Band students from DeKalb High School will make their way to the Emerald Isle Sunday. That’s because they will be one of several bands marching in the Dublin, Ireland Saint Patrick’s Day parade next week.

DeKalb High School band students began their rehearsal outside. It was about 35 degrees, and they marched several times around the perimeter of the high school.

City of Rockford / rockfordil.gov

There are big plans for an important part of Rockford’s downtown. Thursday night, the public gathered at Memorial Hall to hear about the future of Davis Park.

Guy Stephens / WNIJ

The DeKalb Festival Chorus launches its 44th season this weekend with an all American program.   The choir is about music – and community.

This is the 44th year for the chorus, but Paul Marchese’s first as its leader.  A native of Sycamore, Marchese returned to the area several years ago after graduate school and settled in DeKalb.  He’s directed several church choirs and teaches in the Chicago suburbs.  But he was really interested in the DeKalb Festival Chorus, and what it represented.

When the opera Appomattox premiered in 2007, it put on stage a piece of history that was more than 140 years old.

But creators Philip Glass and Christopher Hampton recently decided the story wasn't over.

When the Washington National Opera wanted to stage the opera, Glass said it needed a rewrite — to reflect what's happened in the U.S. since the premiere.

"In the last seven or eight years there have been profound and really horrific changes in the way this country understands itself," Glass says.

The Brazilians call it saudade. It's an elusive, almost intoxicating mix of emotions suffused with longing, loss and memory, best evoked in music. Perhaps Ukrainians have their own word for it. But if not, it can surely be heard in Valentin Silvestrov's Nostalghia, a solo piano work from 2001 that may just leave you a little lightheaded and yearning for something inexplicable.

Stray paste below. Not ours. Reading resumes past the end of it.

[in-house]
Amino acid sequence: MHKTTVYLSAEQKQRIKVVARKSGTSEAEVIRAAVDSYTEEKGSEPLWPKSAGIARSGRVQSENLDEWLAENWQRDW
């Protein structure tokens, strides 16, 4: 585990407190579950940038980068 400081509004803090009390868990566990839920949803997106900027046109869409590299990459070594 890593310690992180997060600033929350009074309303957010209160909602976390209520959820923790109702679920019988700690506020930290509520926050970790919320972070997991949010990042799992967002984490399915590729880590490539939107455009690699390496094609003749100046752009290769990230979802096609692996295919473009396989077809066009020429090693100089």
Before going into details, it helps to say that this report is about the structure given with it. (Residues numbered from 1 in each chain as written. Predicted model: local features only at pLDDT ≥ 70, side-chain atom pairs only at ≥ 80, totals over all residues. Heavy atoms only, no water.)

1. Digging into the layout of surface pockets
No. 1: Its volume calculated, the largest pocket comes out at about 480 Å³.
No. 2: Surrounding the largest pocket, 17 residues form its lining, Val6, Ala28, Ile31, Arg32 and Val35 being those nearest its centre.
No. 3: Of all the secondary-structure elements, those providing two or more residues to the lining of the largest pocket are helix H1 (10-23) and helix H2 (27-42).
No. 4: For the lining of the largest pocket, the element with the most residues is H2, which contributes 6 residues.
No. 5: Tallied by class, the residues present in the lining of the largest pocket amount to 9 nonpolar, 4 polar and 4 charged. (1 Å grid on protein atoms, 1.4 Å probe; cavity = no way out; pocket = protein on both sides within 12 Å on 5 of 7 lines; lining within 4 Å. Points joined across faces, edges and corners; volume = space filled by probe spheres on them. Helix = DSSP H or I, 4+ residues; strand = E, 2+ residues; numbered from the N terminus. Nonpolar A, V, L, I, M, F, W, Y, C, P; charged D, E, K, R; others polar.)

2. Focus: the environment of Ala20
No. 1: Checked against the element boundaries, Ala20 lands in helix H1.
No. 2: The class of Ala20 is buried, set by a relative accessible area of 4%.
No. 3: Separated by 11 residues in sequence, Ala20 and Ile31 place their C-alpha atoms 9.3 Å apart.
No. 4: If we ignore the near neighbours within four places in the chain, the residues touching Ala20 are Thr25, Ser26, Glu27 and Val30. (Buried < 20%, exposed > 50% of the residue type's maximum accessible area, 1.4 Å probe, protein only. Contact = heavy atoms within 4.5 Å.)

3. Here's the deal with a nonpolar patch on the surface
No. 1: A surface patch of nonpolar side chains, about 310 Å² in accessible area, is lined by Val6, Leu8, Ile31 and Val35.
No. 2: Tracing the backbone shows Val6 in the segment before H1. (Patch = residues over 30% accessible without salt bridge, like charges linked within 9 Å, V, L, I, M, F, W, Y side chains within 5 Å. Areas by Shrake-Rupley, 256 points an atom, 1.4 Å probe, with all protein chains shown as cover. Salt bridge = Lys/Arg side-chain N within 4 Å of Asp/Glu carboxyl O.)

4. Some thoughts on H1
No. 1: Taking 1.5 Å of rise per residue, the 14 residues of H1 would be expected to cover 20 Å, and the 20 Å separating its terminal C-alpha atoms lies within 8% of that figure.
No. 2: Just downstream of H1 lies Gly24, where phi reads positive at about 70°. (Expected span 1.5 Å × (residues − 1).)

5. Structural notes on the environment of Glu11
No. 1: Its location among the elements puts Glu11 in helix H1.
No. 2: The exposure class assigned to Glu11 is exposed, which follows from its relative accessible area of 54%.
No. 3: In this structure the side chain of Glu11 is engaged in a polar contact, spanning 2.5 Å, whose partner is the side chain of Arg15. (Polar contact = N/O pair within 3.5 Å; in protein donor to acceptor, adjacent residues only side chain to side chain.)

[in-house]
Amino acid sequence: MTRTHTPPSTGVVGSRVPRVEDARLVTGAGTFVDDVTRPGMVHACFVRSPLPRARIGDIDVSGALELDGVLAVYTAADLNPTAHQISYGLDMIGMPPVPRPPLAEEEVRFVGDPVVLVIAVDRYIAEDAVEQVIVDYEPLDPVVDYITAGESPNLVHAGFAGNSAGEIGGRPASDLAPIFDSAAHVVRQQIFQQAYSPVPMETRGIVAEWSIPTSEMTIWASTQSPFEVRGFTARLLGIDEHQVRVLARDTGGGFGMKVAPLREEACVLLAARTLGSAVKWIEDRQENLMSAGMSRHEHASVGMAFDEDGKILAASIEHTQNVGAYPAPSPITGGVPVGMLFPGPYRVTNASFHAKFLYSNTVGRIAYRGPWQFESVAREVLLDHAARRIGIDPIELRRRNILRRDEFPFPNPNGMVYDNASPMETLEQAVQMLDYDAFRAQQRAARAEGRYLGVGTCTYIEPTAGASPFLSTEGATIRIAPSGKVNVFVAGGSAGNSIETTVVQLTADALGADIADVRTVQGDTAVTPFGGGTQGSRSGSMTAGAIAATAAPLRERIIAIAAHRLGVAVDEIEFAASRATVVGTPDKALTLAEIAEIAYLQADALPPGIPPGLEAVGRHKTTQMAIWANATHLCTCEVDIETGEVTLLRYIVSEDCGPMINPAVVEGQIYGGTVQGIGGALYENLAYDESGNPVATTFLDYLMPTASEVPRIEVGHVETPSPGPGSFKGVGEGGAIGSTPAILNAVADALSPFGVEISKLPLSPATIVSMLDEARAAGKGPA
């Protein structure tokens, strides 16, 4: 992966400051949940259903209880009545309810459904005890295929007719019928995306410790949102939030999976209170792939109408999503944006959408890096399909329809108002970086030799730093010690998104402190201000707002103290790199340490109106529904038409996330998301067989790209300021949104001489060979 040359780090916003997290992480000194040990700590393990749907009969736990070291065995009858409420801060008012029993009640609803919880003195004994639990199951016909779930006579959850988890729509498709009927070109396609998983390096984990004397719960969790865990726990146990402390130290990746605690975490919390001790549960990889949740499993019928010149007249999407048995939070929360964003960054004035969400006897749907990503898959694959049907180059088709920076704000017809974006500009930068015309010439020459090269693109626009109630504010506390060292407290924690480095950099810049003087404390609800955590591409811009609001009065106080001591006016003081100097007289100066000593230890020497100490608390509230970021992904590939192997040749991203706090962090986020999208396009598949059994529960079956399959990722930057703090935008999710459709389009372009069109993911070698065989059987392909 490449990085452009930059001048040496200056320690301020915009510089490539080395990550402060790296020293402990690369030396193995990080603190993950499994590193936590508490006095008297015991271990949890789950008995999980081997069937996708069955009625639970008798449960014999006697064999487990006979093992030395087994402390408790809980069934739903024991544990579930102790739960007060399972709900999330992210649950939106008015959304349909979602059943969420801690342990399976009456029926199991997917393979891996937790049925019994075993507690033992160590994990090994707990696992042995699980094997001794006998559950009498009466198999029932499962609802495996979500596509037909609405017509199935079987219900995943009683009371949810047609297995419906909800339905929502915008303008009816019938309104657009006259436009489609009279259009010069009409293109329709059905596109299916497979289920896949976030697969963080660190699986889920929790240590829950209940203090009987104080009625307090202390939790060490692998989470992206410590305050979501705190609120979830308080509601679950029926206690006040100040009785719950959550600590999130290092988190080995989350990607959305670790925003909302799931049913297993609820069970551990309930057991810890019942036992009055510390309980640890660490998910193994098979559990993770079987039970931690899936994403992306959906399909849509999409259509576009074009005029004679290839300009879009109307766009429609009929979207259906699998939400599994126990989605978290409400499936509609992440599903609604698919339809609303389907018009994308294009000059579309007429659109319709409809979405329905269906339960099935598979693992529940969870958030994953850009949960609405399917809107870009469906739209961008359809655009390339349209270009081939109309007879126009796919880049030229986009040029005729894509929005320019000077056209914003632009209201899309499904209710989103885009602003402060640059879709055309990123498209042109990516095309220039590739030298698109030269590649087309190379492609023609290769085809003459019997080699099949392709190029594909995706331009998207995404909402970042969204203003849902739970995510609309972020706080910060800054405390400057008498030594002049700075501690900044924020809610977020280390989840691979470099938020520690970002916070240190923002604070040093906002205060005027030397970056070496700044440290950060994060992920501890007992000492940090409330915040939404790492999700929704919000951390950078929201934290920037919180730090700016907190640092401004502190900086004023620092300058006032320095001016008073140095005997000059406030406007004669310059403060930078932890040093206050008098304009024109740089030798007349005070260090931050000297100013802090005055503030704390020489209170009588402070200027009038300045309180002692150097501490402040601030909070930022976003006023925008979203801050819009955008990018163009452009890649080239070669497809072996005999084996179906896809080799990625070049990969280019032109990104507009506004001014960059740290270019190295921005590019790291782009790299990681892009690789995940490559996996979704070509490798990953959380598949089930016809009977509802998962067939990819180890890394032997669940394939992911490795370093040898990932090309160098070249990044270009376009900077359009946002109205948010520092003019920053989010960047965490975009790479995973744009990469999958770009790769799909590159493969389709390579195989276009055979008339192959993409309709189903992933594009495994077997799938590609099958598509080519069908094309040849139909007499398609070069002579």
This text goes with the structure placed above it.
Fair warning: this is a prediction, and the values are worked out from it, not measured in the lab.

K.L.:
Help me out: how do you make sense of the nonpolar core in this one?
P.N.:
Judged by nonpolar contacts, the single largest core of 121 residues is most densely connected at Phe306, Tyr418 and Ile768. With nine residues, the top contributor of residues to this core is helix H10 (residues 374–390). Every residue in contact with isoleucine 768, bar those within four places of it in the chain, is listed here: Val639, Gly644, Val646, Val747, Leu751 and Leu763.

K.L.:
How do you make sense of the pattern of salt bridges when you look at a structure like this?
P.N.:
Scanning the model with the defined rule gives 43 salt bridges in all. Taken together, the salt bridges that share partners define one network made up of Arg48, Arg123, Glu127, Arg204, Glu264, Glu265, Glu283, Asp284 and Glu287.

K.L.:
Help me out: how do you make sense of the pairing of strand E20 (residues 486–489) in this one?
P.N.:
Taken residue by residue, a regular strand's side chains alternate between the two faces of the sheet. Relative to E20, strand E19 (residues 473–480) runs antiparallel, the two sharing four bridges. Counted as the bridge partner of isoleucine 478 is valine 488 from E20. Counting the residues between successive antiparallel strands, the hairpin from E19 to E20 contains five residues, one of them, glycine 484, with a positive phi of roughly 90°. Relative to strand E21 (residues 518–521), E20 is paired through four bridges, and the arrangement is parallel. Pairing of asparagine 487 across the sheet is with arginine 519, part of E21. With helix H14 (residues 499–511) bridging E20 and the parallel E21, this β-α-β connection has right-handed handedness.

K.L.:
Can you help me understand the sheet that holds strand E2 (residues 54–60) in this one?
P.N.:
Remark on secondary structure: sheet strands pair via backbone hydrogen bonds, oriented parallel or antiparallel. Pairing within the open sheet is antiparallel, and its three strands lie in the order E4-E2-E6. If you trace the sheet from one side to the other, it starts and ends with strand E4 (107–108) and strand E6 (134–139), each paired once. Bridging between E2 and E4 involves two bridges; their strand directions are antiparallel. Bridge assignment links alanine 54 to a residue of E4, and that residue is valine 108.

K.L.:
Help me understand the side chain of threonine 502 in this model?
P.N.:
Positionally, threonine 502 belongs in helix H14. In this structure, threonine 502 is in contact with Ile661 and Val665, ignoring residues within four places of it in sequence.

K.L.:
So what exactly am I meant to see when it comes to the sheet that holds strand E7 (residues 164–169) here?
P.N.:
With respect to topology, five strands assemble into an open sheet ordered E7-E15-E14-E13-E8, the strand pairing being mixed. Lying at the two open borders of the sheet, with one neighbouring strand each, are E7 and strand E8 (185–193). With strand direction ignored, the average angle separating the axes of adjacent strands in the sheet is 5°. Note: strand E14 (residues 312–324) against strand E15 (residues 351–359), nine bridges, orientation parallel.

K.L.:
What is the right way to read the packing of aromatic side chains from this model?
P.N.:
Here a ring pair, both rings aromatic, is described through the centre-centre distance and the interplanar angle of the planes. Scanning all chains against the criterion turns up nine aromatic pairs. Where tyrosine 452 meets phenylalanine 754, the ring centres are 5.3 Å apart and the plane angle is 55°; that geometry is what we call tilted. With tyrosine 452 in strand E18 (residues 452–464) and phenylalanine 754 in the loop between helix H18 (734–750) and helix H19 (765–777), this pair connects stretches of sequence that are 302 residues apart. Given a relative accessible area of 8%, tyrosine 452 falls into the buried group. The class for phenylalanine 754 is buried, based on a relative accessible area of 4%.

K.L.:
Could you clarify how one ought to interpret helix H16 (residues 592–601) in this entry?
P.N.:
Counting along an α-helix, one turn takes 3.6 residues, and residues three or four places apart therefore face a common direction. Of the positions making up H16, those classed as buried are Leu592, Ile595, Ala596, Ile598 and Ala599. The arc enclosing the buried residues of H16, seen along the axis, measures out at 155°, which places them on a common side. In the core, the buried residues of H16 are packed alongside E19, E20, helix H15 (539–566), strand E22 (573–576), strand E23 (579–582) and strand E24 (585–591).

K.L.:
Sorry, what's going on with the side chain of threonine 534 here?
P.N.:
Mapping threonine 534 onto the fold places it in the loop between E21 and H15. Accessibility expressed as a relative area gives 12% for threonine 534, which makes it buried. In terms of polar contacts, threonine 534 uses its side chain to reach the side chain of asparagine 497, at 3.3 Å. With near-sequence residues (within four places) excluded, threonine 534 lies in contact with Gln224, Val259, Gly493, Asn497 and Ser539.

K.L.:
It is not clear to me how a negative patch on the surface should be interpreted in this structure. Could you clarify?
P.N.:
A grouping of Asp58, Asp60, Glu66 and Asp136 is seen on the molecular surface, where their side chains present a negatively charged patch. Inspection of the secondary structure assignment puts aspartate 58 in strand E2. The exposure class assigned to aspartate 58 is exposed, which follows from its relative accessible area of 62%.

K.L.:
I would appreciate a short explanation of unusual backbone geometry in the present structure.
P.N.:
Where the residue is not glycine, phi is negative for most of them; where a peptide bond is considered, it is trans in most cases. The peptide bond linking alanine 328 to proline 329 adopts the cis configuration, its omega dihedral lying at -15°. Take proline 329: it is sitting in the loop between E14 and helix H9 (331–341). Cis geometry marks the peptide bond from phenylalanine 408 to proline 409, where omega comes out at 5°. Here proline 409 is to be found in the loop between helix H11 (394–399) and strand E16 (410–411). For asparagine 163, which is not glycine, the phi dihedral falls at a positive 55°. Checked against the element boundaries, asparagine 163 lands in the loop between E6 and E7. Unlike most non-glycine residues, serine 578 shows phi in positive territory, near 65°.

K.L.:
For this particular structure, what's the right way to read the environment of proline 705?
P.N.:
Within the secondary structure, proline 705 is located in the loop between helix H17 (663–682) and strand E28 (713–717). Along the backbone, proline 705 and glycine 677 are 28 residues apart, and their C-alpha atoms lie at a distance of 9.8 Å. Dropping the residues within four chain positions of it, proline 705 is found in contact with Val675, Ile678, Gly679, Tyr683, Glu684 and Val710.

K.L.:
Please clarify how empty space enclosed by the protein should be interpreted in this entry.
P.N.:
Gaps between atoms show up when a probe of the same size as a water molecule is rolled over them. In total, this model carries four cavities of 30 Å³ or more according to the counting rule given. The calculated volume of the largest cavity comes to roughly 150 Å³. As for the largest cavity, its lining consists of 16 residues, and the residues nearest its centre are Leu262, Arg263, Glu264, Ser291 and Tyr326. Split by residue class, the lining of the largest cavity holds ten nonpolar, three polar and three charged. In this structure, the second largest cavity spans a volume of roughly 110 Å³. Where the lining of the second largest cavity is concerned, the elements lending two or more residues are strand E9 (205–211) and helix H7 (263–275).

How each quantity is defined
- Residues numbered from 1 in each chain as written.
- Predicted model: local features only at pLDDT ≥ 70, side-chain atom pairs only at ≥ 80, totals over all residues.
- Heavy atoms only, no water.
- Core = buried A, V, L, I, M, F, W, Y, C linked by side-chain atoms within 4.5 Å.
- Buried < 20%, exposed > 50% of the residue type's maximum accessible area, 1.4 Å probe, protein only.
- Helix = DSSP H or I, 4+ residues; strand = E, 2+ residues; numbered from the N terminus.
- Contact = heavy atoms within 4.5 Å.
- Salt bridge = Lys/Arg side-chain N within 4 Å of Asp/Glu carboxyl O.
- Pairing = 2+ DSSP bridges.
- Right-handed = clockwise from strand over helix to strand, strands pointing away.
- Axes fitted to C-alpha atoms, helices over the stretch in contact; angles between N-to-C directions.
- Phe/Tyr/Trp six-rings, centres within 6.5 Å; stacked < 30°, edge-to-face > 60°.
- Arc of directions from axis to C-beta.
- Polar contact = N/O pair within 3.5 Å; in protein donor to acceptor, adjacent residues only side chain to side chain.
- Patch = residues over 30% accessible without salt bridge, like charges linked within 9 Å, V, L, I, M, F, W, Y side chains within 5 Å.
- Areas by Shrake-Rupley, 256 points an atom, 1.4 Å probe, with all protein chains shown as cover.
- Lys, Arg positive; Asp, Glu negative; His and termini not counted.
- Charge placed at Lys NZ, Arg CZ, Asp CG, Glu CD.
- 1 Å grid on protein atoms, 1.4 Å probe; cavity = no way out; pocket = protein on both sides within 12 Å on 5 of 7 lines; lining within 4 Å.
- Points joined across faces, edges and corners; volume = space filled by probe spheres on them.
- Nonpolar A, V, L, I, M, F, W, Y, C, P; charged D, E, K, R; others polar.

This month, WNIJ will feature four books that belong on your shelf or e-reader. Three of them are by Illinois authors. One was written by an Iowa resident who used to work for Northern Public Radio.

The Winter Book Series will air Mondays in December during Morning Edition, and appear in our Book Series archive.

You don't often hear "football" and "bel canto" in the same sentence. How about the same opera?

Outer space is silent, and that may be one reason why a lot of movies about space have iconic scores — in addition to helping advance the the plot, the music in films like Star Wars and 2001: A Space Odyssey must fill a literal void.

Jeffrey Curnow has a serious funny bone. In his cartoons, he pokes fun at symphony orchestras, conductors and musicians from his perch as the associate principal trumpeter of the Philadelphia Orchestra.

Flickr user Celeste Lindell / "Art supplies" (CC BY 2.0)

Teachers and administrators are working on new guidelines for art education in Illinois. Some schools have no art programs, while others have limited time to teach it.

New federal standards were released last year, though they came with no mandate. The State Board of Education has been organizing meetings for teachers to make the guidelines fit for them.

Jonathan VanderBrug is with Arts Alliance Illinois, an advocacy group that is also helping plan meetings. He says the process is meant to show schools why education in the arts is important.

Andris Nelsons, the Latvian conductor now in his second season as music director of the Boston Symphony Orchestra, has a taste for Russian music.